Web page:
European Union
The EU Country Strategy Paper for the period 2008/2013 is aligned to the seven strategic

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Overview of Corruption and Anti-Corruption in Guyana

interventions expressed in the Guyana Poverty Reduction Strategy including: A sound macro-economic, trade, investment and business environment; Environmental protection; Stronger and better governance; Investment in human capital (with emphasis on basic education and primary health); Investment in physical capital (with emphasis on safe water and sanitation); Improved safety nets; Special intervention programs in high level poverty areas. (EU, 2008)

strategy in the Caribbean region, please see the agency’s website.

NORAD
The major recent development in Norwegian development cooperation in Guyana is the partnership agreement signed by President Jagdeo and Norway’s Minister of the Environment and International Development. Under this partnership, Guyana commits to accelerate its efforts to limit forest-based greenhouse gas emissions and protect its rainforest as a global asset. Norway will provide financial support in proportion to Guyana’s success in limiting emissions. This is expected to enable Guyana to implement its low carbon development strategy at scale. Financial support from Norway will be channeled through a new fund, the Guyana REDD + Investment Fund (GRIF). Guyana’s Ministry of Finance will be responsible for the GRIF’s operations and an international financial institution will manage the funds in order to ensure national and international oversight of financial flows. (Norway Ministry of Environment, 2009).

The Millennium Challenge Corporation
The Millennium Challenge Corporation (MCC) is supporting the country to develop and implement sound fiscal policies. In 2007, Guyana signed an agreement with MCC of USD 6.7 million for a program focused on reducing Guyana’s fiscal deficit by improving its ability to collect revenue and better manage its budget. In particular, the program includes interventions aimed at increasing transparency and efficiency in public procurement processes, increasing Parliament’s fiduciary oversight, supporting the Guyana Revenue Authority to deter tax evasion, etc. For more information on the program components, please see the MCC’s fact sheet.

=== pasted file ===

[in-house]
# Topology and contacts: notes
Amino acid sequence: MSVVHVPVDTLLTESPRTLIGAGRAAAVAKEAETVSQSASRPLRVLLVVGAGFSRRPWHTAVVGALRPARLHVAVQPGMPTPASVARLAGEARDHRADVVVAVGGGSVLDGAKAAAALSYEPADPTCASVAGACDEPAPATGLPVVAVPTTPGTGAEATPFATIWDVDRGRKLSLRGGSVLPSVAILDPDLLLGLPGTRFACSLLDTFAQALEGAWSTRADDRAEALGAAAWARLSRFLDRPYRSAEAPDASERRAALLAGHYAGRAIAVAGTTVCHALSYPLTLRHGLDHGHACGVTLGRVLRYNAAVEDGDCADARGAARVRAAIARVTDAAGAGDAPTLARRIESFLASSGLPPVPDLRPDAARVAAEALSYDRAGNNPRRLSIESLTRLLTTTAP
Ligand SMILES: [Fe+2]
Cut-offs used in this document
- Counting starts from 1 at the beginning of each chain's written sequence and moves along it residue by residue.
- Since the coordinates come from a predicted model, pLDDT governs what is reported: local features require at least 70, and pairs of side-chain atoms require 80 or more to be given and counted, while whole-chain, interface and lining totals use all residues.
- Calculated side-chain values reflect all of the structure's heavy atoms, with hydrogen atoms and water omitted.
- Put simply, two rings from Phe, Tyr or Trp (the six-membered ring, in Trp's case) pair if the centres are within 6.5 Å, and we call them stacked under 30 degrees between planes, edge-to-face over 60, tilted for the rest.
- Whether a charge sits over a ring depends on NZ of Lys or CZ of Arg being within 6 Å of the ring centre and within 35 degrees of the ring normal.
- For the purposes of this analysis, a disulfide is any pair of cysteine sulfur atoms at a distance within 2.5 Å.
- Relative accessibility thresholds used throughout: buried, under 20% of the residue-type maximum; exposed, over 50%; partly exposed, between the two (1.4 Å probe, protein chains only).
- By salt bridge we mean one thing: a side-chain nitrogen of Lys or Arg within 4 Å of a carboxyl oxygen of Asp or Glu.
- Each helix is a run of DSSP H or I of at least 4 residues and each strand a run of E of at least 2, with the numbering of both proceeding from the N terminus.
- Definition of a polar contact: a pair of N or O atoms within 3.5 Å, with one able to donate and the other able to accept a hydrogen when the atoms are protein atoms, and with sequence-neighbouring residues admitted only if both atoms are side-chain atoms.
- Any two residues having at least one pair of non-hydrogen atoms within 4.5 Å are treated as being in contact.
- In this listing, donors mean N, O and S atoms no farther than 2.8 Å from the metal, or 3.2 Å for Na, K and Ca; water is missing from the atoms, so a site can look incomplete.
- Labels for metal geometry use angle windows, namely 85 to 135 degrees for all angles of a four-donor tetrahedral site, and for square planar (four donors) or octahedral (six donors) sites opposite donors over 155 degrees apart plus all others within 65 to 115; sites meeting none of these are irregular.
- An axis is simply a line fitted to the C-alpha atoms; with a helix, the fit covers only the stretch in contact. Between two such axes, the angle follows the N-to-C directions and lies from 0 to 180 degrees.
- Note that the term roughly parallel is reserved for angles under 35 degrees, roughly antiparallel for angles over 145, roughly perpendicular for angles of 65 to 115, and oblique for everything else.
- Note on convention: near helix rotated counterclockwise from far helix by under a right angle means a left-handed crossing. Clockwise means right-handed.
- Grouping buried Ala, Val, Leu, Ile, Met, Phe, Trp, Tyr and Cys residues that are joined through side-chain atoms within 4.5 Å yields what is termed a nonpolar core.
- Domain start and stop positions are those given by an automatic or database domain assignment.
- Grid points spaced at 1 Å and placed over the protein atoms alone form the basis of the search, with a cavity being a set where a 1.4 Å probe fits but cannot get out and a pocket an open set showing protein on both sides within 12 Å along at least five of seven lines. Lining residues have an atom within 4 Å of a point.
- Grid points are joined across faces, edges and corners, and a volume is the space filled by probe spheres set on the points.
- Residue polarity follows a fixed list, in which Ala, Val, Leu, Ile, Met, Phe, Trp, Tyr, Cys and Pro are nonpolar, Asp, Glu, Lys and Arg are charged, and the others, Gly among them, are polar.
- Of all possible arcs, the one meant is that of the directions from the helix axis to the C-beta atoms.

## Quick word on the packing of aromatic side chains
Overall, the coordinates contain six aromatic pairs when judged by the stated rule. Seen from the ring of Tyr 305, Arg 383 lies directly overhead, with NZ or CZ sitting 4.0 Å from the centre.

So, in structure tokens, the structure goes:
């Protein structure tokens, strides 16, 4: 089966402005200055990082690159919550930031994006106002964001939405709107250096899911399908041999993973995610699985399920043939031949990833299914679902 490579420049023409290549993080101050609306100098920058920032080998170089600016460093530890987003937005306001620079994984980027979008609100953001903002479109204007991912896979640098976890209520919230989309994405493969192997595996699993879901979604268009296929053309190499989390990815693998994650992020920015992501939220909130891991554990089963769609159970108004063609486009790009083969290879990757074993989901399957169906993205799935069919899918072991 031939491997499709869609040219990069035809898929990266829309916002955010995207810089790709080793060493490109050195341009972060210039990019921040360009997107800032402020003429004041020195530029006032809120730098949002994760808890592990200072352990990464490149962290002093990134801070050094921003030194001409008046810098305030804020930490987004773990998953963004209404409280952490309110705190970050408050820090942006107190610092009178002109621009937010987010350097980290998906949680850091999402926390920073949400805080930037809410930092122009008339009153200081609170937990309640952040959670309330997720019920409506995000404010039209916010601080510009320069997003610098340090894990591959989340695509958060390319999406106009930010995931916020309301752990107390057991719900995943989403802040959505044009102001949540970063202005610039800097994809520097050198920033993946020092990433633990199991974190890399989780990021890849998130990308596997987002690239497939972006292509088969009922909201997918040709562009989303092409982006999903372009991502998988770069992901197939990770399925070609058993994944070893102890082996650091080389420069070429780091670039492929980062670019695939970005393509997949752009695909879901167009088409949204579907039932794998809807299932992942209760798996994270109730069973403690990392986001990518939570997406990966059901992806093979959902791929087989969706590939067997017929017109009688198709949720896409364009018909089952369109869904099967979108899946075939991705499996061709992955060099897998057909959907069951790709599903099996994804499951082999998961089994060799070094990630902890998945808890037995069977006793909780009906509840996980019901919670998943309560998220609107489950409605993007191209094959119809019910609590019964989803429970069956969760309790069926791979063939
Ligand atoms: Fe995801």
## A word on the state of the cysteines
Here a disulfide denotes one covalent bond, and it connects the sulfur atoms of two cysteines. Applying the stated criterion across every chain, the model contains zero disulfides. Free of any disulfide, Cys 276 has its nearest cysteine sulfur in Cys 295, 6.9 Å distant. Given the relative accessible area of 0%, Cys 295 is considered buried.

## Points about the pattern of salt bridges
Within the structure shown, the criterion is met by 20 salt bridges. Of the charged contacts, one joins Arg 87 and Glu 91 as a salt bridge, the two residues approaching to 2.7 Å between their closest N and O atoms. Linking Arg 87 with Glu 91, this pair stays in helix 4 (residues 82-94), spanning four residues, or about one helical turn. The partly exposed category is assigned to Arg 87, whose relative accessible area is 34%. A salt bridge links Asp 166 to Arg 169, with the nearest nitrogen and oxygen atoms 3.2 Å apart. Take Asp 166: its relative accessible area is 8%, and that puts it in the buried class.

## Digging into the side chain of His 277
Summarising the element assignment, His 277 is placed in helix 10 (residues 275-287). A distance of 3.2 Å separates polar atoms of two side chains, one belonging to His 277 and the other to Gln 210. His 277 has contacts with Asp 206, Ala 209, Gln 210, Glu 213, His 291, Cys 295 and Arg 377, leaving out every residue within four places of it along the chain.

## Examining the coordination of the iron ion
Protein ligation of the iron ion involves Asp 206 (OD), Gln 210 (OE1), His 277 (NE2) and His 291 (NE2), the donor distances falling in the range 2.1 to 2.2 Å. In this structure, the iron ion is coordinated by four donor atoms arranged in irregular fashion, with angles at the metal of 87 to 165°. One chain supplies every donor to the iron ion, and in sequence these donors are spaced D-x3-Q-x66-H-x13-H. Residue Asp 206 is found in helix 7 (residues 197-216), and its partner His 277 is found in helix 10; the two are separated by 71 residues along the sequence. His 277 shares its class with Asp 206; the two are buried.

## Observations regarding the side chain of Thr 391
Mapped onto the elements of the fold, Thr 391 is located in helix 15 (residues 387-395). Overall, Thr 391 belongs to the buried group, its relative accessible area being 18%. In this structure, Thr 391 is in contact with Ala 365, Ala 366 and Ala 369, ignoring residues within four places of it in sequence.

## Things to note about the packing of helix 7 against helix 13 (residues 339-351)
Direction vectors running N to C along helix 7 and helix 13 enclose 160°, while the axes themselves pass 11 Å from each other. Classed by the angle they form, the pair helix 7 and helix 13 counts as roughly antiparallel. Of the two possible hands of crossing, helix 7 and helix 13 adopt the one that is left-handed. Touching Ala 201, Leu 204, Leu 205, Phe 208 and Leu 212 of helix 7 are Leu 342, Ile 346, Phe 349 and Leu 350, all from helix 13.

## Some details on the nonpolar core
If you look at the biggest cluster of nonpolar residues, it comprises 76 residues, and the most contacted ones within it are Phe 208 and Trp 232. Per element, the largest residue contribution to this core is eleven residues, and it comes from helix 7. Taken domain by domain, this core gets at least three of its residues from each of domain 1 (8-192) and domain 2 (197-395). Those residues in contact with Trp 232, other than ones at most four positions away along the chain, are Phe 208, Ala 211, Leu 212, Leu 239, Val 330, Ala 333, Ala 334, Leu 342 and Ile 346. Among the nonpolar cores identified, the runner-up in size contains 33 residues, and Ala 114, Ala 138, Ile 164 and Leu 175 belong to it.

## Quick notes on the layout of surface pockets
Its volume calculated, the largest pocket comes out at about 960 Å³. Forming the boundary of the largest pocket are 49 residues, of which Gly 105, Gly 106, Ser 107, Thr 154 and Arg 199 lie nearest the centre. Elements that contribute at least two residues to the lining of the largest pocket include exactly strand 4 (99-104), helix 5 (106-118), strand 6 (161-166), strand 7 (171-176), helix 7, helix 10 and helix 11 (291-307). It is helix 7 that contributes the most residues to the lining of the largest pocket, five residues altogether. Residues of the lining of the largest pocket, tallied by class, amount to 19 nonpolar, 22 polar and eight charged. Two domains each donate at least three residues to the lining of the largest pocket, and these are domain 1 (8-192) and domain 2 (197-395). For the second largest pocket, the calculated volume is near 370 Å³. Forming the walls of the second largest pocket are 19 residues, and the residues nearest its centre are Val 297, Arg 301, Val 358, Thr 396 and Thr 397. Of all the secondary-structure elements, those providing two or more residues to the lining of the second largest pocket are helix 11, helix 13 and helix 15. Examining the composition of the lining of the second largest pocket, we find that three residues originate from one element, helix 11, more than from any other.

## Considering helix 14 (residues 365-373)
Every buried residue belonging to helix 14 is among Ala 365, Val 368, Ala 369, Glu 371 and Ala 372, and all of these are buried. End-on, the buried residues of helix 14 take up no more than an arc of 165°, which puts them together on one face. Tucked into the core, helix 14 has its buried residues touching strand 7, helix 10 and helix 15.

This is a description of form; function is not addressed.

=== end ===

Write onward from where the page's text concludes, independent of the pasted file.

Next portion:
4 References
Transparency International, 2009, Corruption Perceptions Index
http://www.transparency.org/policy_research/surveys_indices /cpi/2009/cpi_2009_table

USAID
The USAID Country Strategy for Guyana for 2009/2013 is centered on three key challenges: 1) stopping the spread of HIV/AIDS; 2) preventing visa fraud and illegal migration; 3) encouraging market-directed socially responsible growth; and 4) blocking the drift towards democratically sanctioned autocracy. In the area of democracy and governance, the country strategy’s objective is to consolidate democratic governance by promoting greater consensus among key stakeholders on issues of national interest, supporting an enabling environment for interaction among political parties, the private sector and civil society, and increasing the visibility of civil society.

World Bank, 2009, Worldwide Governance Indicators 2008, http://info.worldbank.org/governance/wgi/index.asp Heritage Foundation, 2010, Index of Economic Freedom, http://www.heritage.org/index/Country/Guyana US Department of State, 2009, 2009 Investment Climate Statement, http://www.state.gov/e/eeb/rls/othr/ics/2009/ US Department of State, 2008, 2008 Human Rights Report: Guyana
http://www.state.gov/g/drl/rls/hrrpt/2008/wha/119162.htm